Monday, June 17, 2013

leigh and hazel - the eleventh month


leigh is the author of the amazing blog, marvelous kiddo, which is sadly no longer. so it is such a treat to have her share this little glimpse of life with hazel. i read this post in the middle of line at the market and started bawling. sleep had been particularly short that week (it still is!) and her words rung so true. "One day in the very near future, all i will have left of hazel's babyhood are the memories. so if that's it, let me surrender to the hard moments as fully as revel in the good ones..." I am so thankful for your voice and example in this world of motherhood. Thank you leigh!


Hazel is my third child, my first daughter.

One of the things I have learned most clearly in the course of watching these kids develop is that every stage is so fleeting. The things that wrung me out when my first son was a baby always seemed so agonizingly permanent at the time: he will be teething forever, these wakeful nights will never end, will he ever learn to speak? Now that I'm on kid number three I know all too well how transient even the hardest growing-up phases are. Looking back, it's tricky to even imagine my oldest as a baby, much less to remember what it was like to spend the day with that abstract, baby-version of him. The memories are faded. And he's only five.

Now that I know about this parental amnesia, I am trying to use it to my advantage. I realize that even the most challenging moments that arise with my littlest are not only going to pass soon, but that I should embrace them and use them as a conduit of memory. One day in the very near future, all I will have left of Hazel's babyhood are the memories. So if that's it, let me surrender to the hard moments as fully as I revel in the good ones, let me take comfort that this too shall pass, let me understand that in a year or a month or a day this will be ancient history.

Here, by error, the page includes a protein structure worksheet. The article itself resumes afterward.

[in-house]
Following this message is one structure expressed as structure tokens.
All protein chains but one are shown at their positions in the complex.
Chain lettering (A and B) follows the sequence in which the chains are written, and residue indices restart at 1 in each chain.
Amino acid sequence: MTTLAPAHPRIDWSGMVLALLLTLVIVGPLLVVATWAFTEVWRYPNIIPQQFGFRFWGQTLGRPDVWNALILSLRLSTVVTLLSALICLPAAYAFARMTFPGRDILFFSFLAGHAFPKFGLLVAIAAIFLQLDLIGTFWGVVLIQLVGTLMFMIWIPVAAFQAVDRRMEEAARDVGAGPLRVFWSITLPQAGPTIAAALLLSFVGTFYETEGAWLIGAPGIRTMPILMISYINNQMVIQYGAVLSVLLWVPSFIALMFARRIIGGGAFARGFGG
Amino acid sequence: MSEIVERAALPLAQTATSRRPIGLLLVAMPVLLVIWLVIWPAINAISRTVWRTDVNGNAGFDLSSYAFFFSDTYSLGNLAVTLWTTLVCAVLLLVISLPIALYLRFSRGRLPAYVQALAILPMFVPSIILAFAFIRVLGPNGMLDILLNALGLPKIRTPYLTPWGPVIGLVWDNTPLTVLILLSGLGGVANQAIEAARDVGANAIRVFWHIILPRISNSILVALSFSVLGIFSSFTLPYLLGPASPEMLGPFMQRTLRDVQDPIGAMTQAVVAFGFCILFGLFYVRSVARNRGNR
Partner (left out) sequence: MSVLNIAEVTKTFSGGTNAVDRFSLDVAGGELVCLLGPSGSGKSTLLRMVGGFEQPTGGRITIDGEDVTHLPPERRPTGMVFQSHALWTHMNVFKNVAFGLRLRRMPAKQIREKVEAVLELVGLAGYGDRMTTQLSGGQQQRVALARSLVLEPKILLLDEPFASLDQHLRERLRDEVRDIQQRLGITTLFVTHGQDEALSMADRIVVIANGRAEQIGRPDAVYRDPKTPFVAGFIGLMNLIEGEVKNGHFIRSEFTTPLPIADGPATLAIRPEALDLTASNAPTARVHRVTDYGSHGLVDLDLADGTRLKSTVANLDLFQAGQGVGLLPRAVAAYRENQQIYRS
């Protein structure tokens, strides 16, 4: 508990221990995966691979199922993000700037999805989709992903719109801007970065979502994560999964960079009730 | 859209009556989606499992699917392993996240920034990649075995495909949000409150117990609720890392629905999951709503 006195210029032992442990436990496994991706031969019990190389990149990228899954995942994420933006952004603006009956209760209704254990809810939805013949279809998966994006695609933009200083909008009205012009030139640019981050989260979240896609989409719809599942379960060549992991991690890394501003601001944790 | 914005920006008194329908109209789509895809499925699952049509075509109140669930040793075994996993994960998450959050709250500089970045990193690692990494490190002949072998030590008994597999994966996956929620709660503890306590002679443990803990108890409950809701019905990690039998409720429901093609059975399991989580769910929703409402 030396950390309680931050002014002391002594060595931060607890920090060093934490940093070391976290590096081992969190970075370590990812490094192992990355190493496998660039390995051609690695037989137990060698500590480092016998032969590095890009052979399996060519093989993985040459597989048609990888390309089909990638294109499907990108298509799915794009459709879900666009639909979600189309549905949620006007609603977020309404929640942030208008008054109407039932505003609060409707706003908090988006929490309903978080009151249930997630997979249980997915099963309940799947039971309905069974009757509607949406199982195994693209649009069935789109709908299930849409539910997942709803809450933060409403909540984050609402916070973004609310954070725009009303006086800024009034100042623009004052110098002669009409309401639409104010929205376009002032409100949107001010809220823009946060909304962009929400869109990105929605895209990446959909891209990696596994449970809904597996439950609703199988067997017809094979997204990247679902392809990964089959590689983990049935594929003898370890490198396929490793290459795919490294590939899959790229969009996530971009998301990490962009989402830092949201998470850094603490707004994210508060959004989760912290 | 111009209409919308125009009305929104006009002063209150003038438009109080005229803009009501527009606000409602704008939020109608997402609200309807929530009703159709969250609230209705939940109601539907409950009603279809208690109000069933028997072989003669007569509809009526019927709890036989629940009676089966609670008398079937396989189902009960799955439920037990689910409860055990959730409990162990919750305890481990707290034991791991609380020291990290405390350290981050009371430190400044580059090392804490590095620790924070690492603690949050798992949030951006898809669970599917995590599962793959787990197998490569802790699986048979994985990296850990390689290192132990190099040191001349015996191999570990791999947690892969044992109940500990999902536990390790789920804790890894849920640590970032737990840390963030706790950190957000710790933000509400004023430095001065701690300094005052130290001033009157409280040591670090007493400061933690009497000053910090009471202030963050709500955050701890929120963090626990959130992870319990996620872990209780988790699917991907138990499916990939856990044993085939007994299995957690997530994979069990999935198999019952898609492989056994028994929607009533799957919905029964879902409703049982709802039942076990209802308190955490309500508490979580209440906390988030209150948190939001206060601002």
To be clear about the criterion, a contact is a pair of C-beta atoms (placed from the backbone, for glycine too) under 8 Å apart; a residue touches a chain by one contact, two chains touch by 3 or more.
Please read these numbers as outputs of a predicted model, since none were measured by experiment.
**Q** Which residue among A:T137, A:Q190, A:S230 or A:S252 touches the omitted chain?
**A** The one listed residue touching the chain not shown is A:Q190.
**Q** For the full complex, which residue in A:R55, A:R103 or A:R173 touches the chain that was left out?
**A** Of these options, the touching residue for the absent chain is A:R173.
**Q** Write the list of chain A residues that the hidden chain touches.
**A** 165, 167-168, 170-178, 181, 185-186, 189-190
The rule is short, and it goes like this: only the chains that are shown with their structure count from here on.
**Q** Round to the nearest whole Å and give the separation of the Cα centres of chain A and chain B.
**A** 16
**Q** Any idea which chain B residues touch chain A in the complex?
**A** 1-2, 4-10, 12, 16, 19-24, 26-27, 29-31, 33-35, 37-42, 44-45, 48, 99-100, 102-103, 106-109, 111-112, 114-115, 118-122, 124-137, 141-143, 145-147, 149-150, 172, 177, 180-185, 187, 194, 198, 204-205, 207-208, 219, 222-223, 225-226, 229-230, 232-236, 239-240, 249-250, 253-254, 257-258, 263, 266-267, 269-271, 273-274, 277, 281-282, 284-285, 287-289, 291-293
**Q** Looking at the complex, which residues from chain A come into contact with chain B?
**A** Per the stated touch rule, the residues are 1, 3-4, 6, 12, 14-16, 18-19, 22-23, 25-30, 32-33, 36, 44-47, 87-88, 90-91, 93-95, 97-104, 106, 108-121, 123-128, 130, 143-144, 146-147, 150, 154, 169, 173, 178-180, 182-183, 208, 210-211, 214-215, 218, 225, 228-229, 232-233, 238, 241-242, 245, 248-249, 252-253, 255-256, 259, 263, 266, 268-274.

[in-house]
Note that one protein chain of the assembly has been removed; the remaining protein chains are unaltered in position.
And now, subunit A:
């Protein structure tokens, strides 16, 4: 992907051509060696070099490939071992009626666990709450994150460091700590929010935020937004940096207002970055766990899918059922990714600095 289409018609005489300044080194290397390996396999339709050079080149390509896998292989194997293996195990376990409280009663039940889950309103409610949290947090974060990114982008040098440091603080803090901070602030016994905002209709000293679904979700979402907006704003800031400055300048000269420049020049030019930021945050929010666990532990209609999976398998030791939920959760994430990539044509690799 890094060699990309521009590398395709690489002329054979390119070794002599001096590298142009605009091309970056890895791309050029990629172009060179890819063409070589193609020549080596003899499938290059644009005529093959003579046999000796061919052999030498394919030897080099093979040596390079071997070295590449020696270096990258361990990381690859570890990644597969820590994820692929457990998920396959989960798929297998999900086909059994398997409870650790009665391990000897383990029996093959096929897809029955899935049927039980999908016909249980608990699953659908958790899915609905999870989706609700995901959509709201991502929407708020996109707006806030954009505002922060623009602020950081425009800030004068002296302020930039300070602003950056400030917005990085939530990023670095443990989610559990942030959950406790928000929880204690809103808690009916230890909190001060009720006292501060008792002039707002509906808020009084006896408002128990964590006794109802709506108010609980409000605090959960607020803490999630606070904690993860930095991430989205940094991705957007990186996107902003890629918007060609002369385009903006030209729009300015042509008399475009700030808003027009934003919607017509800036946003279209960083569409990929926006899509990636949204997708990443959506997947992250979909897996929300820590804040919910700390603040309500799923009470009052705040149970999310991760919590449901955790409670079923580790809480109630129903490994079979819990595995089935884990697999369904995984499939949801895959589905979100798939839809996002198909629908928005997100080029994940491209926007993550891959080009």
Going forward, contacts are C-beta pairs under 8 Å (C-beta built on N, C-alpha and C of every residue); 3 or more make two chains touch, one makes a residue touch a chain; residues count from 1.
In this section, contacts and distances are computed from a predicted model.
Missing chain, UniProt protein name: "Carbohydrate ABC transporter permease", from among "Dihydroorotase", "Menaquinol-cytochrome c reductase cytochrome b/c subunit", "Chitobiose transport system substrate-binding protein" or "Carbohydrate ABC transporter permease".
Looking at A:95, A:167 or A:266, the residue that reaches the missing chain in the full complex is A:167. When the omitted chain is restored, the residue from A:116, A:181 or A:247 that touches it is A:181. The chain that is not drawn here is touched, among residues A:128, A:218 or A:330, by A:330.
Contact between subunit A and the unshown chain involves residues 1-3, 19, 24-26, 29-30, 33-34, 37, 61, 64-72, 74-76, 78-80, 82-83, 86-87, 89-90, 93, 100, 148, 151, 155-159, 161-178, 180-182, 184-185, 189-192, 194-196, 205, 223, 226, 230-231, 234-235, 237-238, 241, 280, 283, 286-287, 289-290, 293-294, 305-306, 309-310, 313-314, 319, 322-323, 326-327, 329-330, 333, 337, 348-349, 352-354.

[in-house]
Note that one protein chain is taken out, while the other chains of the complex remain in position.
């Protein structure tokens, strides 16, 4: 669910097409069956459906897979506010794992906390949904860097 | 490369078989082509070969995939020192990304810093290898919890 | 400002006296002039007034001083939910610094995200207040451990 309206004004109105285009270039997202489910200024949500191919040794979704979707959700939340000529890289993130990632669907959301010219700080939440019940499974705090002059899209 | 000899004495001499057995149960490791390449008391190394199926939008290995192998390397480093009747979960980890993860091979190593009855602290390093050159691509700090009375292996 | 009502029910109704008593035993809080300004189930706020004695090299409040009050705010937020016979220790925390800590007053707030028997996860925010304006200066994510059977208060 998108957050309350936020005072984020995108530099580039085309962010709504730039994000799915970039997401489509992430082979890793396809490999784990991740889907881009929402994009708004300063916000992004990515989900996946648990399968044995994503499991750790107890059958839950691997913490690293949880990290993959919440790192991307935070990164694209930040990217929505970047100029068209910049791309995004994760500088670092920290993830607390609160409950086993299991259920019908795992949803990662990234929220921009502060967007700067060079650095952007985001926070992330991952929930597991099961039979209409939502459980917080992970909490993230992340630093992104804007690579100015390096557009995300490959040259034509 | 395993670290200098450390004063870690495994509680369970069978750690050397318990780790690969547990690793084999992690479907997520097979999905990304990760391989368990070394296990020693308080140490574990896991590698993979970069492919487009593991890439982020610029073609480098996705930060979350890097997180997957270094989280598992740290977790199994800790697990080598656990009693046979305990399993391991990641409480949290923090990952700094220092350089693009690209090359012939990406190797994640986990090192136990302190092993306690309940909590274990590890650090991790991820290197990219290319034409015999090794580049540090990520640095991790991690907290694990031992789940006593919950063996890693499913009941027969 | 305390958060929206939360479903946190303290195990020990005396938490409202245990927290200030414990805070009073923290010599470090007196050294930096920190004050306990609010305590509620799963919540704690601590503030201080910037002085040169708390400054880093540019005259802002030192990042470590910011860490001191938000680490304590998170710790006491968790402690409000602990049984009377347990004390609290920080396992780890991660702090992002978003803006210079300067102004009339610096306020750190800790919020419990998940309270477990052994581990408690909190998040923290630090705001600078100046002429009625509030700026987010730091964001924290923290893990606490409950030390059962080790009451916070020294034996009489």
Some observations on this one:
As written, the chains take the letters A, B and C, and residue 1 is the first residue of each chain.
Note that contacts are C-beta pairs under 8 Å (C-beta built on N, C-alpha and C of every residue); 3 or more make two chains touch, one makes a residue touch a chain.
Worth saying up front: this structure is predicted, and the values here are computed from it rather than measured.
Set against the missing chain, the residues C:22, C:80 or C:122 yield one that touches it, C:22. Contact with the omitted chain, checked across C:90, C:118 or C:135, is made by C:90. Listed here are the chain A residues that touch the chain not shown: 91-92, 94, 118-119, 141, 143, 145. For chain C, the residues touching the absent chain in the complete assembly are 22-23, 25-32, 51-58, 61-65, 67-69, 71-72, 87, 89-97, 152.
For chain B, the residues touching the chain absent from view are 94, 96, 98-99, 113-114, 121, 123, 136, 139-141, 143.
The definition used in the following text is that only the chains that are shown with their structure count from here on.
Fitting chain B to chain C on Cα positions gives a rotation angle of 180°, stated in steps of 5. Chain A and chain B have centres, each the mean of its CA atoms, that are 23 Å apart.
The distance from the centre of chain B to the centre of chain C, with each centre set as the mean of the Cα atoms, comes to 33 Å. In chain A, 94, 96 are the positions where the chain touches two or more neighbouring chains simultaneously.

For Hazel, eleven months feels like the fulcrum between babyhood and toddlerdom. Her first steps have already been taken, but she would still much prefer to crawl (or be carried). A few teeth have taken up residence in the front of her mouth, but she wants to eat more ambitiously than her modest set of chompers would allow. She refuses the boob for the majority of the day and fights every single nap, but breastfeeds as if her life depends on it through the night (it does!). She has a tiny vocabulary of English words but enough clarity in her nods, head-shakes, and emphatically pointed fingers to convey even the most complex desires.

I actually saw her age during a nap one day -- she woke up a tangibily more sophisticated and worldly person with a more defined sense of what she wanted and how to get it. The look she gave me when I went to pick her up was downright knowing. Look, mom, I'm leaping headfirst into a new version of myself. I'm pedal-to-the-metal, zooming out of here. I'm not a baby anymore. And she had gotten heavier, to boot.

Here is some of Hazel at eleven months:

A well-honed talent for throwing food off her high chair tray. If it isn't tasty it doesn't need to stay within her field of vision.

The ability to not just delightedly receive kisses, but to bestow them on others. So tenderly and sweetly.

Pointing and grunting and emphatically encouraging the adult in whose arms she rides forward by bucking, squeezing, generally willing them wordlessly towards her goal.

An understanding of the word "hot" and the ability to blow on food to cool it down.

An incredible proclivity for what I call gymnurstics -- the habit of being wiggly, crawly, and downright acrobatic while breastfeeding. She's working to perfect the no-hands headstand suckle. I'm totally serious.